16 Mar 2020 • Retail
How this South Korean retailer is reworking its store as a gallery
The relationship between art and fashion is complicated. Fashion often struggles to gain status in the art world due to its primarily functional application. The distinction, however, is becoming increasingly blurred and WGNB’s concept for Boon the Shop – known as South Korea’s primary stockist of international designer brands – interrogates the role of the retail store as an exhibitive showcase for its products.
The Korean design studio (People’s Choice winner of Designer of the Year at the Frame Awards 2020) has curated the Shinsegae department store space with an aesthetic more commonly associated with that of an art display, asking the question: Can’t a clothing store be a gallery?
'Fashion is a form of art,' says chief designer Jongwhan Baek. 'While some people wear clothes as a daily outfit, others treat clothes as if they are artworks. These people have collections of clothes which are never worn, but rather are exhibited like an objet or an artwork. For them, there is no difference in purchasing clothes to purchasing an artwork at an auction; owning the piece of clothes is a way to express their aesthetic and social level.'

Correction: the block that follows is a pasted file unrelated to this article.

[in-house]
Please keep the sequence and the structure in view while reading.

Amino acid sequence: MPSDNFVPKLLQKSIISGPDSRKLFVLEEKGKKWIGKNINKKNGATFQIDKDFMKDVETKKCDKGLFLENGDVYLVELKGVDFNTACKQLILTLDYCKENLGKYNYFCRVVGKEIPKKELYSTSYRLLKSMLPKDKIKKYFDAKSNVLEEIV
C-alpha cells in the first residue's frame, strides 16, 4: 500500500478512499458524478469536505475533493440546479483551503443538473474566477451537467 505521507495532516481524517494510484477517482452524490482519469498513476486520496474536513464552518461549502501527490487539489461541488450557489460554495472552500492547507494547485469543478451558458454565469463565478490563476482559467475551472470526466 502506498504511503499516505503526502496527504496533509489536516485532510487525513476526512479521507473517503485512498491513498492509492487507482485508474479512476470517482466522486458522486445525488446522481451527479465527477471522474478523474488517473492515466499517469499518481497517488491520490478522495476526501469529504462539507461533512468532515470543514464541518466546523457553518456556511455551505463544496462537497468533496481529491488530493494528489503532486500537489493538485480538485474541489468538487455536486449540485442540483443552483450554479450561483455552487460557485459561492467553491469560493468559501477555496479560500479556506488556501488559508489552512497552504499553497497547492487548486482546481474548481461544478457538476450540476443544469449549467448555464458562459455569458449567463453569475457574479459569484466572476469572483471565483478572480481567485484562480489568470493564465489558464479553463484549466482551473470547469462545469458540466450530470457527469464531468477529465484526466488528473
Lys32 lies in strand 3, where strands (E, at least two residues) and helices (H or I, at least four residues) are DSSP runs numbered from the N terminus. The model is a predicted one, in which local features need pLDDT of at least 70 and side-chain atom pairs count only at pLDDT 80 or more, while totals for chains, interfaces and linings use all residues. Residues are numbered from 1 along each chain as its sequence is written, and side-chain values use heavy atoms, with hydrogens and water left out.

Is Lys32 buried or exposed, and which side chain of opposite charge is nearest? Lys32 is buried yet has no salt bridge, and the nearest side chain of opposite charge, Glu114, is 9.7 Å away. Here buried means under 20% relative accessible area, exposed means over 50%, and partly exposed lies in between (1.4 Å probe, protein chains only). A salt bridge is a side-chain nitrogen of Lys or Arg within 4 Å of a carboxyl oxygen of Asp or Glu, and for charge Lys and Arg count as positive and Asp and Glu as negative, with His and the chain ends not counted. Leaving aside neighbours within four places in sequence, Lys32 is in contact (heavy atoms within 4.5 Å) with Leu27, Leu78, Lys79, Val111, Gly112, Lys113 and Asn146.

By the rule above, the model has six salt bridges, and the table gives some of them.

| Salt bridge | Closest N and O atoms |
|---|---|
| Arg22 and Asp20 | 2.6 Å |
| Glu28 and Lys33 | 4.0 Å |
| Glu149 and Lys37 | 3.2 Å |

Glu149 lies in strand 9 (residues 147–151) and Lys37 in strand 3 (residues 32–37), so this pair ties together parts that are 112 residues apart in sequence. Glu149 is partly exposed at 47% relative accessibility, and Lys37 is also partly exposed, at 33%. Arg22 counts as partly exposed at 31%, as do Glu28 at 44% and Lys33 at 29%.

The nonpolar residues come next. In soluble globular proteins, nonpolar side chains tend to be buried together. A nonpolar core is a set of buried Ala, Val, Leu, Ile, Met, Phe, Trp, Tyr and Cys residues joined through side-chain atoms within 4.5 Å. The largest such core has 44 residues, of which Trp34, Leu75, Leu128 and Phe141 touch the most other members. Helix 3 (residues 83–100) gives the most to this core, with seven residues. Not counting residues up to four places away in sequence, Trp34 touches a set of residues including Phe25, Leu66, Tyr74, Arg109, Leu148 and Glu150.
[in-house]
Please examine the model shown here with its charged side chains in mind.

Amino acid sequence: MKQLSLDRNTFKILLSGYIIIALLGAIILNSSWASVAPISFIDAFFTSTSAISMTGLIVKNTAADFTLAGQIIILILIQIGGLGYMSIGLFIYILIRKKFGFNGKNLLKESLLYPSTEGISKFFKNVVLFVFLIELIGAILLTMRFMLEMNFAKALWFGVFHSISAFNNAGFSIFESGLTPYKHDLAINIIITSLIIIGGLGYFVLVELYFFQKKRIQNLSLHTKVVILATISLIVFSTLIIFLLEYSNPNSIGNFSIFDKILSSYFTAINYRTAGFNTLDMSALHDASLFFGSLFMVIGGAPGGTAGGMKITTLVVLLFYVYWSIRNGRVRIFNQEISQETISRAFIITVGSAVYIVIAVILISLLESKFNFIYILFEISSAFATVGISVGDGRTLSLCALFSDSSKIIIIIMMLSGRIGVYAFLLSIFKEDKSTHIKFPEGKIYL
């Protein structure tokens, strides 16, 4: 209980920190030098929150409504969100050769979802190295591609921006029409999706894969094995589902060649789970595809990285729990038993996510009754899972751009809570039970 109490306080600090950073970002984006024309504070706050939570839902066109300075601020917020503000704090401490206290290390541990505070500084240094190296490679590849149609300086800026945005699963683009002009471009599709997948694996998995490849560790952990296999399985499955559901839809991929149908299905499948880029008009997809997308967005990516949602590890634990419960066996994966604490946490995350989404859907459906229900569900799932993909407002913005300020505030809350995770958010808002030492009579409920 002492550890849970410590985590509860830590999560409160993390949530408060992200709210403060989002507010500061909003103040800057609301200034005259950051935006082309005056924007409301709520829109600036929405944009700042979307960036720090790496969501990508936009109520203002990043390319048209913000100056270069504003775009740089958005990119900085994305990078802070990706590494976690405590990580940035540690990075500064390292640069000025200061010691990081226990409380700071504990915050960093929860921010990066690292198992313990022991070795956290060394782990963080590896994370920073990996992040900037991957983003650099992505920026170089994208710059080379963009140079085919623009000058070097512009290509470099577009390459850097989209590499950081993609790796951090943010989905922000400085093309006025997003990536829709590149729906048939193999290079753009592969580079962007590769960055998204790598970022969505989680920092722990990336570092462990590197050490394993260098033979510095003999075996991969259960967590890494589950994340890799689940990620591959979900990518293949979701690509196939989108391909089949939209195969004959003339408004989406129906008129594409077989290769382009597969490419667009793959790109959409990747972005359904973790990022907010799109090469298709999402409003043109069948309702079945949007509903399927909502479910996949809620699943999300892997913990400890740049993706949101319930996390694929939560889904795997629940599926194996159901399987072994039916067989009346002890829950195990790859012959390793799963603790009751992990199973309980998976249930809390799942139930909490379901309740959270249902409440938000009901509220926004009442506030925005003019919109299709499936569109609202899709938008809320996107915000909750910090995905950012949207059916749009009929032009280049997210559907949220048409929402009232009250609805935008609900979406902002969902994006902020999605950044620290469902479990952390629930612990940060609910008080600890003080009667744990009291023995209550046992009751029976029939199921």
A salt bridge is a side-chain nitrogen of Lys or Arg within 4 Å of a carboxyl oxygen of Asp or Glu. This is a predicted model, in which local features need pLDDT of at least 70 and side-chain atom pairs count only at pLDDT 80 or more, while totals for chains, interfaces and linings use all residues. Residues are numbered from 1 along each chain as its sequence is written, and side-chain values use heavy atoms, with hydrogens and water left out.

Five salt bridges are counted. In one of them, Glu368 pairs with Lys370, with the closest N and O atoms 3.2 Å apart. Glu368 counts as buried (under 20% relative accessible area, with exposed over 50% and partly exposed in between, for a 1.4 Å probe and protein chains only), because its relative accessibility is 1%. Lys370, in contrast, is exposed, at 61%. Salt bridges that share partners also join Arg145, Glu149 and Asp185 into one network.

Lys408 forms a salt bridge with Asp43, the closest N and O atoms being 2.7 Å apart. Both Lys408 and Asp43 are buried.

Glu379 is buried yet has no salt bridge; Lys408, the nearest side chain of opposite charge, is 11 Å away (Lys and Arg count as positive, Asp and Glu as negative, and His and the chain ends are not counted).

Where design-led window displays have previously formed the primary method for luring customers into shops, WGNB approached the whole Boon the Shop store as a conceptual space that prioritizes awe and experience over product. Very few garments are visible amongst the sparse, metallic environment which aims to disorientate customers and make them unsure of what kind of space they are in. Steel frames replace standard hanging rods and shelving, presenting occasional clothing items as precious artworks to be admired. The removal of clothesrails and hangars effectively distorts the line between fashion and art becomes.
Maple trees and stone panels are also framed throughout the interior, with sporadic colourful furniture that adds warmth to the otherwise cold aesthetic and further expands upon the concept of the space as a presentational showcase.